Early Modern Witches and witchcraft: Trials, Hunts and Identity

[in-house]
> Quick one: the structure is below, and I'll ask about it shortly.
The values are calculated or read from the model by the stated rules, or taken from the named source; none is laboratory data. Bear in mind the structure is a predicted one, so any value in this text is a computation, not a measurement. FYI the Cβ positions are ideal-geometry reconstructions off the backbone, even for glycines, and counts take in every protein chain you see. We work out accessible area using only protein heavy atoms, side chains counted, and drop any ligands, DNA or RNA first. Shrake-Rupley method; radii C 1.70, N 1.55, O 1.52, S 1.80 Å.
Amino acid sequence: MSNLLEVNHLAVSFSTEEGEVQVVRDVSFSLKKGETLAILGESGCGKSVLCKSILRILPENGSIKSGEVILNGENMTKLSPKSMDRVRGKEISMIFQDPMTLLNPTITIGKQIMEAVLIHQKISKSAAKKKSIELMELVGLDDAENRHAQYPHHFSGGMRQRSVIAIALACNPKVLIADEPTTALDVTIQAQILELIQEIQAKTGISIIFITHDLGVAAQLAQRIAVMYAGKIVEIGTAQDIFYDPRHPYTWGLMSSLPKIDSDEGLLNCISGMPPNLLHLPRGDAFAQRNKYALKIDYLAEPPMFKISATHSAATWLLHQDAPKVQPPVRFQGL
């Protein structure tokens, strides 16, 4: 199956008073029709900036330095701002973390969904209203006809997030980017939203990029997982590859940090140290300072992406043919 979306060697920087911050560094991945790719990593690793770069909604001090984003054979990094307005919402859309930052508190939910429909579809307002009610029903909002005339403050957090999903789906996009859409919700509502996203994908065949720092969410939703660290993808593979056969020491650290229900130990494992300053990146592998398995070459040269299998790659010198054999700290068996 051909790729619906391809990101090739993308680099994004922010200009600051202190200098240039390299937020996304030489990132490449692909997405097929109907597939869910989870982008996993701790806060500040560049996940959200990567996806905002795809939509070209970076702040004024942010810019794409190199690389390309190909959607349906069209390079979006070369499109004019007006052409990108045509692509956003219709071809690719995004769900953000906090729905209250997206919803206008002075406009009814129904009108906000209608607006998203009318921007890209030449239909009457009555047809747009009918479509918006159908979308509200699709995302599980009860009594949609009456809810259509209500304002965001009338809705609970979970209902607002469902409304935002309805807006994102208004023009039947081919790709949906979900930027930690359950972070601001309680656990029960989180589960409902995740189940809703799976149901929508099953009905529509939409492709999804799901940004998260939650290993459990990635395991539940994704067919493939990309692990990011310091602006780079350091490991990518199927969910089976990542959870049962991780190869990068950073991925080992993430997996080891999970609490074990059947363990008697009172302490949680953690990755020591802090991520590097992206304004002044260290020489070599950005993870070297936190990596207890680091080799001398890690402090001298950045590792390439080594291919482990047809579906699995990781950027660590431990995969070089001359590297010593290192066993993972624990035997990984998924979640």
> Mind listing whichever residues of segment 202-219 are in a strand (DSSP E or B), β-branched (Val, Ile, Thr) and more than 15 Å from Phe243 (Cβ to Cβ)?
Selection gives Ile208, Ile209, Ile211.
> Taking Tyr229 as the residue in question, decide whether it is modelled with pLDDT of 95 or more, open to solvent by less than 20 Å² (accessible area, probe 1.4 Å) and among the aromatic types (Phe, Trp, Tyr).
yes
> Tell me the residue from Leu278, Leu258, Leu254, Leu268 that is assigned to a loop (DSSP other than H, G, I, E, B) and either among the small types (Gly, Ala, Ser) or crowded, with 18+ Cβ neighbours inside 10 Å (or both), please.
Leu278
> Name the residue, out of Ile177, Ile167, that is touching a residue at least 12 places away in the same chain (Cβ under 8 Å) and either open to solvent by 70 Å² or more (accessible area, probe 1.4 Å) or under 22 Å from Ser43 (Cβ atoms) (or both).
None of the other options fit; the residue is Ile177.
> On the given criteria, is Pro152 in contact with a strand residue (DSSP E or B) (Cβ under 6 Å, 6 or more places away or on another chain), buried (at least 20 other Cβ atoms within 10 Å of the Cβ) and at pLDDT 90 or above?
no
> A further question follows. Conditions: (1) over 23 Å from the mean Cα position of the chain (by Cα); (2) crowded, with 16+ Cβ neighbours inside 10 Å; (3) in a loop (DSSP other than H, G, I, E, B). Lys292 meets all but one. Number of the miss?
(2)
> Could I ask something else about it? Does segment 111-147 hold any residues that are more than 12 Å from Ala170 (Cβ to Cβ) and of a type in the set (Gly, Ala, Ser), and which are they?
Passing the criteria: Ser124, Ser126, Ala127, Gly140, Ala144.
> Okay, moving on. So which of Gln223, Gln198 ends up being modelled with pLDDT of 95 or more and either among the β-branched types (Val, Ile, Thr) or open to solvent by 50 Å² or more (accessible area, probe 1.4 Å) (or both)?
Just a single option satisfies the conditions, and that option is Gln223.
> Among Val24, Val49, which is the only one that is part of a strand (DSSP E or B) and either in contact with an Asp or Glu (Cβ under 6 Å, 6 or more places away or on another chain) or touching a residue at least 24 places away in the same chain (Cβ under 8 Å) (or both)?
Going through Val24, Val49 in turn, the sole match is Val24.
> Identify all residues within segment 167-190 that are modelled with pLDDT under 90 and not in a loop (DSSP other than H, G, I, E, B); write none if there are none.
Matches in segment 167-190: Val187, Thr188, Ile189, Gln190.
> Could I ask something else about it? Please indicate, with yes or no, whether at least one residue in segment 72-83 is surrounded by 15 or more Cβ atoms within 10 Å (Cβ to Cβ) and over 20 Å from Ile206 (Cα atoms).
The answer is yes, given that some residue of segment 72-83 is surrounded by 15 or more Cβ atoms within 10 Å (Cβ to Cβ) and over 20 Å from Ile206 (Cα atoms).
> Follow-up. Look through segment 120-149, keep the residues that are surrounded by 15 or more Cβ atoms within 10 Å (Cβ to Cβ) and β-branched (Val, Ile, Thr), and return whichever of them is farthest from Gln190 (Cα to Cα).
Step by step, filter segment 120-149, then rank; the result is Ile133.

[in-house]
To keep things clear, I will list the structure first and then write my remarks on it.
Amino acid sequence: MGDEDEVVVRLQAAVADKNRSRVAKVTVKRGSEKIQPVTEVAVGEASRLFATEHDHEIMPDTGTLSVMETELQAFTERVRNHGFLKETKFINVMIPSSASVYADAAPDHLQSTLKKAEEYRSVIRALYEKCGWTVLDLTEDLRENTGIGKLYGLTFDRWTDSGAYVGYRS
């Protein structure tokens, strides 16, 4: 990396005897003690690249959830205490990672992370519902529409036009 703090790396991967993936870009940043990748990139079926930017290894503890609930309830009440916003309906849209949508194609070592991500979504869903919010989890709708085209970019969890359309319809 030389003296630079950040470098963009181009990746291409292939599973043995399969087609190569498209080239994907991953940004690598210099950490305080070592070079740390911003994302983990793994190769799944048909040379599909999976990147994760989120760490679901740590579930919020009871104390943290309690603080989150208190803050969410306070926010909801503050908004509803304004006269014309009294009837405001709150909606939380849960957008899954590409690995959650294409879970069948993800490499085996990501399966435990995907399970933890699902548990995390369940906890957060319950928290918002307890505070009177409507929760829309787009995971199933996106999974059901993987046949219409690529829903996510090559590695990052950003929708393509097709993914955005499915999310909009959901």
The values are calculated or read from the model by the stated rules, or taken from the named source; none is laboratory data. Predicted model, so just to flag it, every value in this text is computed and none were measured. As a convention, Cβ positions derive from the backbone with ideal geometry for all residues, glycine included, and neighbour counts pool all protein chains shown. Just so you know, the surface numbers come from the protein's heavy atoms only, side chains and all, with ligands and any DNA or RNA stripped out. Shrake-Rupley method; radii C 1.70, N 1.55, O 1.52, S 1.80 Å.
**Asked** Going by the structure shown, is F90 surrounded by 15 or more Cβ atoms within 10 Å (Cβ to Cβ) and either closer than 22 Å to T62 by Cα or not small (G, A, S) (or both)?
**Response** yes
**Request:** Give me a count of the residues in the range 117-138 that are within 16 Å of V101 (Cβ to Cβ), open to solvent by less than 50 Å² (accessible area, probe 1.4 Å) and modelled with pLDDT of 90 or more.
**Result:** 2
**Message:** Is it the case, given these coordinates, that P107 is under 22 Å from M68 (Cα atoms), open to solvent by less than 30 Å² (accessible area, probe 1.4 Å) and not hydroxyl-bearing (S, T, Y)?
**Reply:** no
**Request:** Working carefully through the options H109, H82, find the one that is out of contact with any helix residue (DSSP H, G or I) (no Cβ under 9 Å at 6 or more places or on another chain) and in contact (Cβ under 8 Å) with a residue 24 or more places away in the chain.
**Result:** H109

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The first part of this paper will examine the differences in witchcraft persecution, and the second part will examine the overlooked similarities in witch-hunts and witchcraft beliefs. This paper strives to better understand why patterns of witch-hunts diverged in England and Scotland, but also endeavors to consider the ways in which the British beliefs overlapped with Continental ones. Britain had comparatively few executions and developed different witchcraft beliefs compared to those in Continental Europe. To understand how and why they differed, this paper examines witchcraft beliefs, patterns of witch-hunts, and legal procedures involved in the persecution and criminalization of witches. Continental Europe section examines the developing beliefs about witches and witchcraft. This examination requires an in-depth analysis of the Malleus Maleficarum by Heinrich Kramer and Jacob Sprenger, which reflects the more traditional and religious beliefs involving witches. England is divided into three sections: beliefs, laws, and the treatise by Reginald Scot's, Discovery of Witchcraft. Each section examines what witchcraft was in England, and emphasizes what makes English witch-hunts more secular and orderly. Scotland is examined as an amalgamation of Continental and English beliefs, due in part to its political ties with Denmark. This section is divided up to examine what witchcraft beliefs were in Scotland, how the accused witches were persecuted, and, through Daemonology, the treatise implemented under King James VI. This treatise reflects the upper-class beliefs that impacted the developing image of the witch.